The second revision was heavily inspired by a brief perusal of the second edition of 7th Sea, but was still largely Powered-by-the-Apocalypse in its bones: you'd roll to find out how many 'hits' you got, and then trade those for 'outcomes', both stopping bad outcomes and initiating good outcomes. The cool part here was that really high rolls (which were possible through exploding dice) could give you a large number of hits, allowing you to dispatch dozens of enemies in a single conceptual “action”, but the bad part was that listing a half-dozen outcomes to choose from for every roll felt super fiddly and annoying. I might revisit the idea at some point—it's got some cool promise, I think—but I was never satisfied with it for this concept.
The most recent revision is probably closest in its rough shape to Danger Patrol, a probably-never-going-to-be-finalized John Harper playtest draft, although the specific dice mechanic is different, incorporating the theoretically-unbounded-successes of the last version. It has an explicit “threat layout” where you use index cards to indicate what's on the table, like user-visible clocks, and it borrows the split playbook approach of Danger Patrol as well, so your character is created from an Origin (like “the feds” or “the streets”) and a Role (like “tech” or “hitter”). It also involves a lot of dice pool moving and trading: certain abilities let you roll more dice, but they might also let you temporarily move one of your dice to a different pool, or to a teammate's pool, or rearrange your pools on the fly. I still need to playtest, but I've gotten character sheets written and plan to write a lot more over the coming week or so, so it's ready for both personal and public playtesting.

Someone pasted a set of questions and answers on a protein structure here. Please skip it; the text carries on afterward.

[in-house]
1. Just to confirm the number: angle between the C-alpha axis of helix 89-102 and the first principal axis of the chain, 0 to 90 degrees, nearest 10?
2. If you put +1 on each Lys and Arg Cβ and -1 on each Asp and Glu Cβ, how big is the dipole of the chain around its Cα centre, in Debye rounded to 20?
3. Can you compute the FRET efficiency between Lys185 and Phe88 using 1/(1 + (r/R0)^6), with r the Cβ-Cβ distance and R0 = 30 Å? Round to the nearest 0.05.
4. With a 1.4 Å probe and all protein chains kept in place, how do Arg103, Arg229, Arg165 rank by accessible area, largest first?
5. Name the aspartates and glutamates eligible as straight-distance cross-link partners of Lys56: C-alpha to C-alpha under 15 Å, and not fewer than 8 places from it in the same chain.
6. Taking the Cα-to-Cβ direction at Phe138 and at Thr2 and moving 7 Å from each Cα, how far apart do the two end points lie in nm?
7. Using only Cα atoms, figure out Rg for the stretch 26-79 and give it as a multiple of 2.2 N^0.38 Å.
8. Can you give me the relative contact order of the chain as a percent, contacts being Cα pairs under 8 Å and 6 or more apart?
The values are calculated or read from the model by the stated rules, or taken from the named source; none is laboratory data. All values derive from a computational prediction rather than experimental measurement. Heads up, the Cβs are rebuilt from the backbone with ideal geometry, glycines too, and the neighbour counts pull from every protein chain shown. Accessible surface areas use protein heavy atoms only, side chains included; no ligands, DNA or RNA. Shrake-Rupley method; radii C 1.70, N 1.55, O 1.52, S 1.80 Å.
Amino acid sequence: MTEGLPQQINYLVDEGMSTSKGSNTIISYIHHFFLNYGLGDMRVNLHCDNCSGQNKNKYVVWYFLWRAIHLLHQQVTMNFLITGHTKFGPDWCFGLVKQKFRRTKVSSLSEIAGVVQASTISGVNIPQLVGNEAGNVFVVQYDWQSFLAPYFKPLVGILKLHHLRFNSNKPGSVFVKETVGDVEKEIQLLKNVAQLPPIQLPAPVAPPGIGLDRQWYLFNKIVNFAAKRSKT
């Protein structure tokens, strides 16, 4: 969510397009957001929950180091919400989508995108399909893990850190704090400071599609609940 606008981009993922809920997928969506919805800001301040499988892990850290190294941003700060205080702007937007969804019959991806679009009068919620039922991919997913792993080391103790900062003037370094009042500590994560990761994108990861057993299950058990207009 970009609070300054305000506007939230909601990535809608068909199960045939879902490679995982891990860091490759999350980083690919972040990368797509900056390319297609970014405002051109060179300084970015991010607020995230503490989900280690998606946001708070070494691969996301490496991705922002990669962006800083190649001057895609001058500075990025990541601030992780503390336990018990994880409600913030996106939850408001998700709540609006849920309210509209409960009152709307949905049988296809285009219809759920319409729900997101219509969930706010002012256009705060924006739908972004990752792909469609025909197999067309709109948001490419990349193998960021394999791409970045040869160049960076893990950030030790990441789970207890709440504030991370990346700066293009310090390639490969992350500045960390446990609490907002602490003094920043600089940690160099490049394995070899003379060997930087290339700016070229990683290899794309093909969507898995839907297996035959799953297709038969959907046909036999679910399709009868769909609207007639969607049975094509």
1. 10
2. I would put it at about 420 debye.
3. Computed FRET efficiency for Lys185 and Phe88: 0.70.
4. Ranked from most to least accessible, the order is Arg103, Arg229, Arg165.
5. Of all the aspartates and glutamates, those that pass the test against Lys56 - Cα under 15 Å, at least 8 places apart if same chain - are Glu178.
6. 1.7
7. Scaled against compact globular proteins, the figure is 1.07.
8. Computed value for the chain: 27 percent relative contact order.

Other games on my backburner: a scifi Dogs in the Vineyard hack tentatively called Wardens of Sirius, an Animal Crossing-inspired daily-life-in-a-village game playable via Slack or Discord tentatively called Yan Tan Tethera, a weird Americana Zelda-style dungeon crawler currently code-named Wenaglia.
A Creative Project: Cocktail Graphics
I started making these diagrammatic cocktail recipes a while back, temporarily lost momentum on them, and have recently started picking them back up. The core idea is that they show you the steps split up so you can see which ingredients are necessary for each step, letting you plan by glancing at the recipe, which would be great for planning when making complicated multi-stage recipes. Unfortunately, this idea isn't terribly useful for cocktails: most of them involve one or two basic steps steps (mix, pour, garnish) so in practice I make these diagrams because they're pretty and fun, not because they make the act of cocktail-making significantly easier.
I'd like to do at least a set of “classic cocktails” (probably starting with the David Embury set) and a set of “personal cocktails”, but once I have a bigger library of vector graphic bottles to pick from I can probably put them together a lot more quickly and easily whenever I get a new idea. We'll see: drawing little vector graphic ingredients is pretty fun. I need to start looking into the best way to get them printed, as well!
Other creative projects on my backburner: a worldbuilding fiction project called Tir-Bhahat, a nearly-finished fantasy novel and drafts of a couple of short stories, and lots more linocut prints than I've done in the past month.